“Right now, we’re not in the second wave,” said Dr. Mike Ryan, a World Health Organization executive director, on Monday. “We’re right in the middle of the first wave globally.
“We’re still very much in a phase where the disease is actually on the way up,” the official told reporters, pointing to South America, South Asia and other areas seeing burgeoning numbers of infections.
Noting how epidemics often come in waves, Ryan said outbreaks could pop up later this year in places where the first wave has subsided.
“When we speak about a second wave classically what we often mean is there will be a first wave of the disease by itself, and then it recurs months later,” he said. “And that may be a reality for many countries in a number of months’ time.”
The WHO warned leaders in Brazil, now the second-most-affected country next to the US with 375,000 confirmed coronavirus cases, to avoid reopening its economy before it can perform enough testing to keep the rapid spread under control.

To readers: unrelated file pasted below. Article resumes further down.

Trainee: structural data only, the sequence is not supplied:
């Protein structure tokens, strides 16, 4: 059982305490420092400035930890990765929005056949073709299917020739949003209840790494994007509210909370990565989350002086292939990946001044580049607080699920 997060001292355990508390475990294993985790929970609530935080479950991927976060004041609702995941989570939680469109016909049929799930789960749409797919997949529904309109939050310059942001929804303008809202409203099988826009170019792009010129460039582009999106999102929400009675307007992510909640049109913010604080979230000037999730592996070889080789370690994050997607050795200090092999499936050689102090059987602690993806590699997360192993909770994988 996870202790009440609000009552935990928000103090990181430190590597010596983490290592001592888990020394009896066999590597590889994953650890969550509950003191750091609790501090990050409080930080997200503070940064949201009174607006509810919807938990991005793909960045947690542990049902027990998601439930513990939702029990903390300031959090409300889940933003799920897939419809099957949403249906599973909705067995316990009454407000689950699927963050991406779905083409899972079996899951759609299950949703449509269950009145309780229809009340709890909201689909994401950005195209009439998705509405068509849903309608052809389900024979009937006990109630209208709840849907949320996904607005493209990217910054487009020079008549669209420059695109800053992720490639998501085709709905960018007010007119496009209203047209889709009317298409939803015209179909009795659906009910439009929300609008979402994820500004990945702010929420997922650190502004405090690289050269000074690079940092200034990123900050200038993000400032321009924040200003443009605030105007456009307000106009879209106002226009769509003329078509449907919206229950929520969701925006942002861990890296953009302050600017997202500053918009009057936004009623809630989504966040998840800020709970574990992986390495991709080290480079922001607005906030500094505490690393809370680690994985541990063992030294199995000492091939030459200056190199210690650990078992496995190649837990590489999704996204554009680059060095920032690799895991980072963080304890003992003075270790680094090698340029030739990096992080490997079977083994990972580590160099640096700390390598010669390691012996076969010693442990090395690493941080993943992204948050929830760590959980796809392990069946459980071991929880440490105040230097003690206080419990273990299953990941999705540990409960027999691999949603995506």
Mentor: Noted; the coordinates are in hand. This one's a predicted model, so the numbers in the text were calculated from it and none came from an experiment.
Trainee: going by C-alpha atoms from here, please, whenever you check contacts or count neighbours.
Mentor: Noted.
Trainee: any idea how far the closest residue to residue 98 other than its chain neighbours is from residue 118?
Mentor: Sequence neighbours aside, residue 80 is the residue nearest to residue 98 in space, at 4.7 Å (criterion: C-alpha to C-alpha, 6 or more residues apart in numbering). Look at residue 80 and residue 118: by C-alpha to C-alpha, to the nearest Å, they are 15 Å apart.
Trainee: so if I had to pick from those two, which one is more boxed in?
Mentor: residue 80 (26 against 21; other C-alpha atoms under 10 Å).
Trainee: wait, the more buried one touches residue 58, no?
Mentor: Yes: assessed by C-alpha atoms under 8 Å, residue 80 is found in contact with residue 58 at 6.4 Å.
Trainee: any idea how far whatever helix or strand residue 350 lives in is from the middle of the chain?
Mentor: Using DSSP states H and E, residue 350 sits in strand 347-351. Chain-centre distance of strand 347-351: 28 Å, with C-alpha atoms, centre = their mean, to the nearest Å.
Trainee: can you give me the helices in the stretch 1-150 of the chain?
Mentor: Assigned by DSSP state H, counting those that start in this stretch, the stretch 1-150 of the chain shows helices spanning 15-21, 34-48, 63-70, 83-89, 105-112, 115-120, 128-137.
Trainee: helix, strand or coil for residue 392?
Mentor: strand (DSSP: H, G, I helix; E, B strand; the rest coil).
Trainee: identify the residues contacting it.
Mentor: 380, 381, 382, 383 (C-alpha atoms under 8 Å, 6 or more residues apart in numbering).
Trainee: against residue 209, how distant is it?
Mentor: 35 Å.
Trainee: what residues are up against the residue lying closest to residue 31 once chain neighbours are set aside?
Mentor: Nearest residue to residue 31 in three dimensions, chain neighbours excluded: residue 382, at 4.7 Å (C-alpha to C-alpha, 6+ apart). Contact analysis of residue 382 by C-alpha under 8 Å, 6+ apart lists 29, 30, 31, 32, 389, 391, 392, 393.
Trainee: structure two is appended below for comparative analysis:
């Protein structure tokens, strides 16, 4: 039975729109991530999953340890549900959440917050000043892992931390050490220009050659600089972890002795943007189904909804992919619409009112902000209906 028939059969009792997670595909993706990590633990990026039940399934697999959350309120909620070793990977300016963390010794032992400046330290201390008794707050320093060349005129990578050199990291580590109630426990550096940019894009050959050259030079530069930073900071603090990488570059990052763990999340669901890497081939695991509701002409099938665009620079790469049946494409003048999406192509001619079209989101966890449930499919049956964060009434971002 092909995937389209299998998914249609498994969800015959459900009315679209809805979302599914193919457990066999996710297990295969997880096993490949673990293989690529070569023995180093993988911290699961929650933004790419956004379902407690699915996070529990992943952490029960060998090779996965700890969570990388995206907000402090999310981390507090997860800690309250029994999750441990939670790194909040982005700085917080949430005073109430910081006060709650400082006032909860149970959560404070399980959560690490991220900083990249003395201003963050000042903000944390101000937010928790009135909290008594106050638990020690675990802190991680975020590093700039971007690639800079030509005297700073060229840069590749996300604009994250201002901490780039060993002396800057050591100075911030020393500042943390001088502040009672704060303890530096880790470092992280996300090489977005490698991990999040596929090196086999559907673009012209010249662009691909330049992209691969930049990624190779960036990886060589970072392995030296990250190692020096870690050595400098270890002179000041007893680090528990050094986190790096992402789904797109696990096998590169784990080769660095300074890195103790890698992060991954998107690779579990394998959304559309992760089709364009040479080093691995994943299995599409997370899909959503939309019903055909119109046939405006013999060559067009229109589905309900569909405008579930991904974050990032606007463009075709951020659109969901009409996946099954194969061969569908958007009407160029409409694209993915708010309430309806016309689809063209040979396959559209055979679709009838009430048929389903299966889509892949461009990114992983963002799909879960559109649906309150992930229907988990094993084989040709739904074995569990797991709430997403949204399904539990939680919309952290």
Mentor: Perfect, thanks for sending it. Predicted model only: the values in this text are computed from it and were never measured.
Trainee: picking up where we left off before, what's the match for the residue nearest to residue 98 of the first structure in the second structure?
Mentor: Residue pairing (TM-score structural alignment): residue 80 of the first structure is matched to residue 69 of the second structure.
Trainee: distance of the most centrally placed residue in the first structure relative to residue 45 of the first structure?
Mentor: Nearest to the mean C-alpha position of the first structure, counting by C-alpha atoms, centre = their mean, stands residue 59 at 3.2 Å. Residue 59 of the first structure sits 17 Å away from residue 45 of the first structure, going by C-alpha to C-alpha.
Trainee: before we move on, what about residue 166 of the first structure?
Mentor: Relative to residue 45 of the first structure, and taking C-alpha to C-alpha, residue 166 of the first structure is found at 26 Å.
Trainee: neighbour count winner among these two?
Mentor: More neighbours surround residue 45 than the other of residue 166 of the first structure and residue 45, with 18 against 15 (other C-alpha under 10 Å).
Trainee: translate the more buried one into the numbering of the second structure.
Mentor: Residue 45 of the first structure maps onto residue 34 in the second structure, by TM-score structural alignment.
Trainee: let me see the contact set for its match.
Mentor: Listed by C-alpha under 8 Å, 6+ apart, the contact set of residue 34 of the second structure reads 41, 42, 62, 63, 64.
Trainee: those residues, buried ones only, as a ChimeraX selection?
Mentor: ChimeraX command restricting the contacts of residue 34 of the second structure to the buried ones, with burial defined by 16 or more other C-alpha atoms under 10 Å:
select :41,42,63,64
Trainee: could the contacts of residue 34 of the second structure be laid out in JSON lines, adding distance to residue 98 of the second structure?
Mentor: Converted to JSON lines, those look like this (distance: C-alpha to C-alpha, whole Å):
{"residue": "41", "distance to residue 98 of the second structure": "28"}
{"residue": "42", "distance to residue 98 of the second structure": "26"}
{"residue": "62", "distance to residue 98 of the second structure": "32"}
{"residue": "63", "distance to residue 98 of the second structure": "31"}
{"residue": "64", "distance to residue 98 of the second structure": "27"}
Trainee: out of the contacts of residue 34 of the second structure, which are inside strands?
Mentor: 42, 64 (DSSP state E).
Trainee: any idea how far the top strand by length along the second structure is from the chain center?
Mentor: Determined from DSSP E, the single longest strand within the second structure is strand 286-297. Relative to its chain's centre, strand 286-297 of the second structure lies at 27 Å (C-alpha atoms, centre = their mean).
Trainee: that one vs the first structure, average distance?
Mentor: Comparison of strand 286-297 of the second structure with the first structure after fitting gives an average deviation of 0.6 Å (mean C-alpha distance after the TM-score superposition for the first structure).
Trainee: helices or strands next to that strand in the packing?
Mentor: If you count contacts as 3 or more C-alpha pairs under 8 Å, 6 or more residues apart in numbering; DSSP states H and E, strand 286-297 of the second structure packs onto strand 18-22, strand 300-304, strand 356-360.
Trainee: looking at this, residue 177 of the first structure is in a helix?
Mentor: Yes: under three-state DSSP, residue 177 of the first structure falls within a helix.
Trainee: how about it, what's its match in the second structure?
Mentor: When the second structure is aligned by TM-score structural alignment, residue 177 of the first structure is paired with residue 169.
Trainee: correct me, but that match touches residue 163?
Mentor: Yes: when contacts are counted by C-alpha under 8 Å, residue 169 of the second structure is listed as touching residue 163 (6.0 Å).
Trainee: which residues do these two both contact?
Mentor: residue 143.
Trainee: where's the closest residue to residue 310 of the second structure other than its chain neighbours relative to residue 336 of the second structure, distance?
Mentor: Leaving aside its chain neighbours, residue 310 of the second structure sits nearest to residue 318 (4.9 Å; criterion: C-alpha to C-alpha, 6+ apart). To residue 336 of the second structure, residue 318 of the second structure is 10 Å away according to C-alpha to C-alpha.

“Intense” transmission rates in the country mean Brazil should continue some stay-at-home measures, despite the burden on the economy, according to Ryan.
“In these kind of circumstances, there may be no alternative,” he said. “You must continue to do everything you can.”
A travel ban on foreigners coming from Brazil to the US is set to take effect Tuesday, after being moved up from Thursday, the initially planned start date.
Meanwhile, India reported a record single-day jump in new coronavirus cases for the seventh straight day. The country reported 6,535 new infections Tuesday, bringing the tally to 145,380, including 4,167 deaths.
There is no proven treatment or vaccine for the deadly bug. But tests by US biotech company Novavax have begun in Australia in hopes of releasing a proven vaccine this year.
The first phase of the trial is underway, in which 131 volunteers are getting injections to test the vaccine’s effectiveness and safety.
Worldwide, more than 5.5 million coronavirus cases have been reported. The US has seen the greatest number of cases, with more than 1.6 million reported.
With Post wires